Activity Demands

The aspect of an activity, which include the objects and their properties, space, social demands, sequencing or timing, required actions and skills, and required underlying body functions and body structure needed to carry out the activity.

Object and their properties

Tools, materials, and equipment used in the process of carrying out the activity.
-Tools (e.g., scissors, dishes, shoes, volleyball)
-Materials (e.g., paints, milk, lipstick)
-Equipment (e.g., workbench, stove, basketball hoop)
-Inherent properties (e.g., heavy, rough, sharp, colorful, loud, bitter tasting)

Space demands (relates to physical context)

Physical environment requirements of the activity (e.g., size, arrangement, surface, lighting, temperature, noise, humidity, ventilation)
-Large, open space outdoors required for a baseball game
-Bathroom door and stall width to accomodate wheelchair
-Noise, lighting, and temperature controls for a library

Social demands (relates to social environment and cultural contexts)

Social environment and cultural contexts that may be required by the activity.
-Rules of game
-Expectations of other participants in activity (e.g. sharing supplies, using language appropriate for the meeting)

Sequence and timing

Process used to carry out the activity (e.g., specific steps, sequence, timing requirements)
1. Steps to make tea: Gather cup and tea bag, heat water, pour water into cup, and so forth.
1.1 Sequence: Heat wator before placing tea bag in water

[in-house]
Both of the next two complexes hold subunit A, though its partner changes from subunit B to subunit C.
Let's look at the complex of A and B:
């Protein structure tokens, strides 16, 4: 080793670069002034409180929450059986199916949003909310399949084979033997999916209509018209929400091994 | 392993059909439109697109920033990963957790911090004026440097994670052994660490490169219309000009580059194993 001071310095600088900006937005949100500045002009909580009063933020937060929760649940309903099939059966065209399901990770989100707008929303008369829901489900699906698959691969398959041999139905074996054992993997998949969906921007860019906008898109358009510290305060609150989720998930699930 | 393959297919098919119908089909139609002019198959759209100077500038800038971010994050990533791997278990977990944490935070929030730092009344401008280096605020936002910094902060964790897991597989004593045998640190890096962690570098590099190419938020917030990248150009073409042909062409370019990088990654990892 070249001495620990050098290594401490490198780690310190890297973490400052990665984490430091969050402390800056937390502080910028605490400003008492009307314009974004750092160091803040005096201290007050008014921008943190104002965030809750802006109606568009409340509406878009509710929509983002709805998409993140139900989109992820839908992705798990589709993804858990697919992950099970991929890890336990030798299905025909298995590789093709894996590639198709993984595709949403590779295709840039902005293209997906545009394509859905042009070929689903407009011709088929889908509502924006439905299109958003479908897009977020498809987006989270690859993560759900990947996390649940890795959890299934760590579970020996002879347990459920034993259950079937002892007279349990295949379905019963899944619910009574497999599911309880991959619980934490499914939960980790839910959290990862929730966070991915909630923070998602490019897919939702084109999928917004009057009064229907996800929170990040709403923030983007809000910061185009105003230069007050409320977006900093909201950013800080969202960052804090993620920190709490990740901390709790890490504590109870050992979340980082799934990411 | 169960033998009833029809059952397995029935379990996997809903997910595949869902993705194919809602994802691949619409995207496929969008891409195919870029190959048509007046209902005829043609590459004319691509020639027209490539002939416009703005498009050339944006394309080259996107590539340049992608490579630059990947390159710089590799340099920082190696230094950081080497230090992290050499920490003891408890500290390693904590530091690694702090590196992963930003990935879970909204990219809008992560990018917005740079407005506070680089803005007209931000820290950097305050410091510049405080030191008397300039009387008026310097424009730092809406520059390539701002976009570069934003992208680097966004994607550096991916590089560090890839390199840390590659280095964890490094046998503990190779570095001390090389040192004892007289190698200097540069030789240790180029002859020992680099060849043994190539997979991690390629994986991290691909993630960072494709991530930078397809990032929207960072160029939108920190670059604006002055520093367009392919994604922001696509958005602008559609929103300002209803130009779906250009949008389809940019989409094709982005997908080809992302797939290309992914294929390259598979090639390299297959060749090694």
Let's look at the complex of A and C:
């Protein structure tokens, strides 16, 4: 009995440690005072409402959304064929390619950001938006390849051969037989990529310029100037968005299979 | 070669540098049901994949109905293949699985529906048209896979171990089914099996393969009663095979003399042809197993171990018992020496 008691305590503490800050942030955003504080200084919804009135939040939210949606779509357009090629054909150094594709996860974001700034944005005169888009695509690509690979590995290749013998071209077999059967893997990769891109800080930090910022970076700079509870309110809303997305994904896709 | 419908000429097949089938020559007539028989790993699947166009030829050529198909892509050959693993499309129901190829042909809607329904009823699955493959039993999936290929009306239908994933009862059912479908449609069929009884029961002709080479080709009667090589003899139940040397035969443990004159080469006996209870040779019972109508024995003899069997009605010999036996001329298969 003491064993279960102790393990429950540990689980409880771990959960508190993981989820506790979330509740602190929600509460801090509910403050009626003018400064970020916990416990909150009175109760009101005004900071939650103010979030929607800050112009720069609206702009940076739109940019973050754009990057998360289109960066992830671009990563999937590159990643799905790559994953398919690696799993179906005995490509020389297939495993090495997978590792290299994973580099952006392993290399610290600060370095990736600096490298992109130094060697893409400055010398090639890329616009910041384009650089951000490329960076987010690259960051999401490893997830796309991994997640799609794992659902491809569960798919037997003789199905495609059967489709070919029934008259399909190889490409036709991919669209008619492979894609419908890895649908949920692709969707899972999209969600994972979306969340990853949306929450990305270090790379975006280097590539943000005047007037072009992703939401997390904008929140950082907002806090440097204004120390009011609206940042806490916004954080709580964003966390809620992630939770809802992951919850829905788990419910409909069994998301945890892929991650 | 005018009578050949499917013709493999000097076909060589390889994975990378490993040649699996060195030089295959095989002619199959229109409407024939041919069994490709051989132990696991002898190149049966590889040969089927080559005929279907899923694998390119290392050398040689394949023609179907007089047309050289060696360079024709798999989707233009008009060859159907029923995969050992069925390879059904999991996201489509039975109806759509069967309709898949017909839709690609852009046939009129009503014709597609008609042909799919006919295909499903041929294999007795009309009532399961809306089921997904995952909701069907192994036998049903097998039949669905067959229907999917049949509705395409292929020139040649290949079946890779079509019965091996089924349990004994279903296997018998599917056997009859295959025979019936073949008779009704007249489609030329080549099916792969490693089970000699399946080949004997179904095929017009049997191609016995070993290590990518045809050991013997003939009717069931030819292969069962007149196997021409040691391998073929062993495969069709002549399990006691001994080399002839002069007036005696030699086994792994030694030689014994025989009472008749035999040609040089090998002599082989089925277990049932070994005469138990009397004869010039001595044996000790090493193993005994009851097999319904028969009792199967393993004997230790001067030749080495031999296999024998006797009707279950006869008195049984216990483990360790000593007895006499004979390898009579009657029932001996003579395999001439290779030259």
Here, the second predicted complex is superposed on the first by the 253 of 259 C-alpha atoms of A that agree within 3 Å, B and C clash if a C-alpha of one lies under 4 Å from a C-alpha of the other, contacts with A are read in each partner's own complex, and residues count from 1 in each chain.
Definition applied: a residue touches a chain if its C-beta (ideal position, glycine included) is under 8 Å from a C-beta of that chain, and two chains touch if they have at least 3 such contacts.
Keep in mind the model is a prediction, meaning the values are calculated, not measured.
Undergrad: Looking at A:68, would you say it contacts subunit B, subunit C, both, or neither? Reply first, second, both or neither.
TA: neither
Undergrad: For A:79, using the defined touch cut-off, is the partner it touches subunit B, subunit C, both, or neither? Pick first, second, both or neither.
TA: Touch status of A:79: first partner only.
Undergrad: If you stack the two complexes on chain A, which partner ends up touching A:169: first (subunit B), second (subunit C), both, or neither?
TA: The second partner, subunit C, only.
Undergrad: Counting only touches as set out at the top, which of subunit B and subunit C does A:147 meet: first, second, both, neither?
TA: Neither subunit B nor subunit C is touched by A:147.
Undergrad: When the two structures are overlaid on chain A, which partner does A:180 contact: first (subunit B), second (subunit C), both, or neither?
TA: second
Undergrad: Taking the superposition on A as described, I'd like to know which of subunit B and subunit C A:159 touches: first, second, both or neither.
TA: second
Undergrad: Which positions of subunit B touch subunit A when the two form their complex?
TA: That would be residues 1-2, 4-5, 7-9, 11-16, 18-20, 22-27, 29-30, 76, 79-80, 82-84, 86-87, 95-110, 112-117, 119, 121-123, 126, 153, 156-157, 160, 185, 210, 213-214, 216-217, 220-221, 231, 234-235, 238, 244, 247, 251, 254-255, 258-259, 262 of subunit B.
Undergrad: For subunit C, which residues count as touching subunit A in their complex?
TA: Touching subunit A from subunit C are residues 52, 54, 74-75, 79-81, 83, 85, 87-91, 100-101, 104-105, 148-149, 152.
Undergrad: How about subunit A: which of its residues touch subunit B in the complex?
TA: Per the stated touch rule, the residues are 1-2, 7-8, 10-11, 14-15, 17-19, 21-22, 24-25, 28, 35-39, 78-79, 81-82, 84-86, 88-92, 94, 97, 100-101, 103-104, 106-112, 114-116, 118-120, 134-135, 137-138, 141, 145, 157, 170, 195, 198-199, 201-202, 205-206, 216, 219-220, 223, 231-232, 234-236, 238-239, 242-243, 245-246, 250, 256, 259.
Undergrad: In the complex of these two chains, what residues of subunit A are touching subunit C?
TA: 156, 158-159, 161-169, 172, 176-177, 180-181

1.2 Timing: Leave tea bag to sleep for 2 minutes
2. Steps to conduct a meeting: Establish goals for meeting, arrange time and location for meeting, prepare meeting agenda, call meeting to order.
2.1 Sequence: Have people introduce themselves before beginning discussion of topic.
2.2 Timing: Allot sufficient time for discussion of topic and determination of action items.

Required actions and performance skills

The usual skills that would be required by any performer to carry out the activity. Sensory, perceptual, motor, praxis, emotional, cognitive, communication, and social performance skills should each be considered. The performance skills demanded by an activity will be correlated with the demands of the other activity aspects (e.g., objects, space)
-Feeling the heat of the stone
-Gripping handlebar
-Choosing the ceremonial clothes
-Determining how to move limbs to control the car
-Adjusting the tone of voice
-Answering a question

Required body functions

Physiological functions of body systems (including psychological functions) that are required to support the actions used to perform the activity.
-Mobility of joints
-Level of consciousness

Required body structures

Anatomical parts of the body such as organs, limbs, and their components [that support body function] that are required to peform the activity.
-Number of hands
-Number of eyes